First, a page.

Saturday, May 24, 2003

Problem of Knowing

I hate most contemporary literature. Well, hate is a little strong. It bores me and that annoys me since I am a junkie of reading. I look for the good escape and then when I can't find it I become frustrated and cranky.

Then when I find something good--something, unlike about 90% of the books recently written that people recommend to me (like Jane Smiley?!? What's that about?) that I actually want to re-read I become fascinated.

I want to understand why some people suck at writing. Why even the halfway decent writing pre-war is 10X better than what is written now.

Does it say something about our society or is the idea that art reflects a society a bunch of crap? What does it say that everyone's stories written lately (well, not everyone) have characters who feel nothing.

What does it say that I think I can tell what the short story MFA teachers tell their students simply by the stories I am subjected to lately? (Of course I don't know what they say. I think I took creative writing in Junior High Summer School but I'm pretty sure that's not the same deal. I did it for free lunch. If you were in summer school Chicanos Por La Causa would give you a free bag of food and often there were really good hot dogs in there.)

I imagine that they say shit like: Show, don't tell. Death seems to be a favorite short story topic. Death and a couple. The woman is dying and the husband is there and kids or else she has no husband and kids. The problem is that the person dying has absolutely no emotion whatsoever. I think they are afraid to tell you what the person's emotions are. So they just do things and you are supposed to guess their emotions. The more serious the topic is, the less the characters in New Yorker/Harper's-type short stories talk about it or think about it in serious terms. They all end up seeming like creepy robots.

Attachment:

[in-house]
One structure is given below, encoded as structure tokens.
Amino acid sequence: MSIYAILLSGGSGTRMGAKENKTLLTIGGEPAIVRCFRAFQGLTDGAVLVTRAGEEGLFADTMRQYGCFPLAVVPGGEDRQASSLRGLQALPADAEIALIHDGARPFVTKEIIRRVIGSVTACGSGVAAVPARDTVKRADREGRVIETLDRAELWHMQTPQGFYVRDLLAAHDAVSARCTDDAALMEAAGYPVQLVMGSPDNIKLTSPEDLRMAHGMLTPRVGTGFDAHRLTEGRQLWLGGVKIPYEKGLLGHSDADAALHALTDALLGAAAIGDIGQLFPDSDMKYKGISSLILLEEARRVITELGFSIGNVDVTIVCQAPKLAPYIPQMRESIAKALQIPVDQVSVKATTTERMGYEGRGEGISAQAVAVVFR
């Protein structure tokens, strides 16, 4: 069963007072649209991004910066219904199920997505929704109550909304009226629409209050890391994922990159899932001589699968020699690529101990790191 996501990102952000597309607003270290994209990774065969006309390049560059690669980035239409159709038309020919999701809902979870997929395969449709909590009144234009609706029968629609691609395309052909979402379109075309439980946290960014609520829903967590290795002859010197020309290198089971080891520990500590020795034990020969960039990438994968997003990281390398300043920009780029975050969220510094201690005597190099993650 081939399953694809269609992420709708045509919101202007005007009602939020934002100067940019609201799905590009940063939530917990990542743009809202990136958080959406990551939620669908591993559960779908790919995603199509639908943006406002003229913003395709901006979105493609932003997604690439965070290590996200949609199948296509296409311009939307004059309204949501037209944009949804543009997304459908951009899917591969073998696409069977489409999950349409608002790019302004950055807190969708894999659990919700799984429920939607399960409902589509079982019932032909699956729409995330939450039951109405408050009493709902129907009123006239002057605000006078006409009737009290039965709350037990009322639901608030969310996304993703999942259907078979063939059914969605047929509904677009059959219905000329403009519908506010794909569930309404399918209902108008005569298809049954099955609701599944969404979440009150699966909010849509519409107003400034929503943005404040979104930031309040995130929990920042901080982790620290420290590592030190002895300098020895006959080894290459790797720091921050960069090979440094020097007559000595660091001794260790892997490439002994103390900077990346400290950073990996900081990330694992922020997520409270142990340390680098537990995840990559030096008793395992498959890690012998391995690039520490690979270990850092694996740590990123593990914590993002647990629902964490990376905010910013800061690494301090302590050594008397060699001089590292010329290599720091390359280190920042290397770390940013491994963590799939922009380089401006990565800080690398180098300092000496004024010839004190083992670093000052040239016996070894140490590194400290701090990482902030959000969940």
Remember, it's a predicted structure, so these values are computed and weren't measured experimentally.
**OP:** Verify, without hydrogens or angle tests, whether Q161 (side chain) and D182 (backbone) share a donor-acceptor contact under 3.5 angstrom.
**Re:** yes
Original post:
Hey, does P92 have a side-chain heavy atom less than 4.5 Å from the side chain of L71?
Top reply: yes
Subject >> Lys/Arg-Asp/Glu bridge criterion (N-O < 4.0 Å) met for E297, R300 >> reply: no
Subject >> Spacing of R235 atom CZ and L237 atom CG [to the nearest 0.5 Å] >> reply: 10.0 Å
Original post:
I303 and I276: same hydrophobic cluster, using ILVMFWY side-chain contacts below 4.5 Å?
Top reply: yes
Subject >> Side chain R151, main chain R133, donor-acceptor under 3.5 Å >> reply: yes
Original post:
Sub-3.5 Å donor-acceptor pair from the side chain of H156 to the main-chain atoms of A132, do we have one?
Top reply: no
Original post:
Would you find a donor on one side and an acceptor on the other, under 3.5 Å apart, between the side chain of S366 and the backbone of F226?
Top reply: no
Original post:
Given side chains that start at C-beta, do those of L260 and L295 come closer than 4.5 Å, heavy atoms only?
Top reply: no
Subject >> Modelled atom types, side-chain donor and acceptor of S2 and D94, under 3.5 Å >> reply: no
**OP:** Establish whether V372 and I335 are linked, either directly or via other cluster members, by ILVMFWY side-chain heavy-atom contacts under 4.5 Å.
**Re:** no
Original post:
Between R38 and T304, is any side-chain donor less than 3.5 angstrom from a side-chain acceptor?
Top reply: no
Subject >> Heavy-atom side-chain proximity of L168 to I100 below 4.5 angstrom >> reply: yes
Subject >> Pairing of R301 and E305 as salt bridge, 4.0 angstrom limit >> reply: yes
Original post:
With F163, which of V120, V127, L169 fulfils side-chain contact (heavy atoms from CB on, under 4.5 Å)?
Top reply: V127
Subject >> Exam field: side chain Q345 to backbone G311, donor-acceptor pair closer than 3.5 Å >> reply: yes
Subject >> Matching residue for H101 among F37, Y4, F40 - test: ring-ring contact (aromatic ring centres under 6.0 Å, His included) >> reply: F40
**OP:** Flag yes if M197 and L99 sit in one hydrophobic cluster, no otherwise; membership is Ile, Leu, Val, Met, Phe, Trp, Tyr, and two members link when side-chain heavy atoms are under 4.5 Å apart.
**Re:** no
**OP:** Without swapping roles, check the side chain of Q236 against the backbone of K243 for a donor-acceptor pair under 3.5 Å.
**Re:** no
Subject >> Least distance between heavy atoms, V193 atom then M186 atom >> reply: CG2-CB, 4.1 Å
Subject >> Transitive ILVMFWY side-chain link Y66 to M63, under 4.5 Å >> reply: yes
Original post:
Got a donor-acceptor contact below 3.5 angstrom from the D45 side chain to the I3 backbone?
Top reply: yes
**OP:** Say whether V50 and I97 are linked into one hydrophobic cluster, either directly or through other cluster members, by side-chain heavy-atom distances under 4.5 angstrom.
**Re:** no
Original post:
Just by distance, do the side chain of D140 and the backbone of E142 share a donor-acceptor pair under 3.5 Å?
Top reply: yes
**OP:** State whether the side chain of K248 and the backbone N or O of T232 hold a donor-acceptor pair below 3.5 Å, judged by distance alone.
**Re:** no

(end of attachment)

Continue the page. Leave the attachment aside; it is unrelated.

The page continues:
Maybe they are about the people in New York City?

And then there must also be some junk about a sense of place because they seriously hit you over the head with the sense of place and tell you the physical parameters of every building but never about what the people who the story is about think.

Or maybe they are copying Raymond Carver? Except the people in his stories don't yammer on about what they think and feel but somehow you know they do have thoughts and feelings.

I've been reading Isek Dinesen (the best escape writing there is) and she said something about the bourgeois fear or rejection of tragedy. She is not at all afraid to expound and thus she 'tells' a lot and doesn't always show. And she is a great writer so already we know that show don't tell advice is crap.

And then there is Thom Jones. He doesn't suck. In fact, to me he is a short story God. I will re-read his stories. I can even re-read them in the first week. In fact, they are so good I can't stop and then I have to re-read them many times to absorb them.

The thing is though, that then I did this thing I never do which is tried to find out who he is and what he does. Big mistake. It didn't ruin his stories for me. Yet...

I make a policy of never reading about authors I like. I realized that after I read a biography of Robert Lowell and then could never enjoy any poem of Robert Lowell's in the same way.

Occasionally, I break this vow. So when I saw an article on W.S. Merwyn sitting right there in front of me I weakened and read it. I found out he lives in Hawaii. How can W.S. Merwyn live in Hawaii? Maui, I think it is. That hurt, that one.

What a fool I was to try and find out about Thom Jones. Maybe you don't have a problem and can do this yourself.

Freakily, he wrote a novel and the editor didn't like it and now he is turning it into a screenplay.

A movie starring Bruce Willis. First, how could his novel not get published? Second, forget it.

Movies I love. Still, the movie and a literary piece it is based on bear almost no connection to each other usually. And I suppose it is better if it never is a book if it gets turned into a movie.

I want my authors to remain invisible, I suppose.

I feel guilty about ragging on Jane Smiley. I've been writing lately and what I write is truly garbage and really contains every flaw I expound upon above. And more.

And I hated the intro to Best American Short Stories where snooty Ford writes about how must stories are bad. He's another guy whose stories bore me. But then loved the one where Woolfe is kind about all short stories.

But I write not as an author but as a person who craves escape in every way and writes and reads only for that reason. To scrape out my brain, essentially. Put something else in there. Just a restaurant aficionado (plump, overfed, running up my charge card for pieces of charred flesh on beds of vegetables unheard of prior to 1991). Not a restaurant critic.

A lonely soul who is burdened and bored by my own consciousness. I read from need and against my own better judgment. Still, I feel guilty. I'll try not to be so snarky in the future. Who am I to talk?


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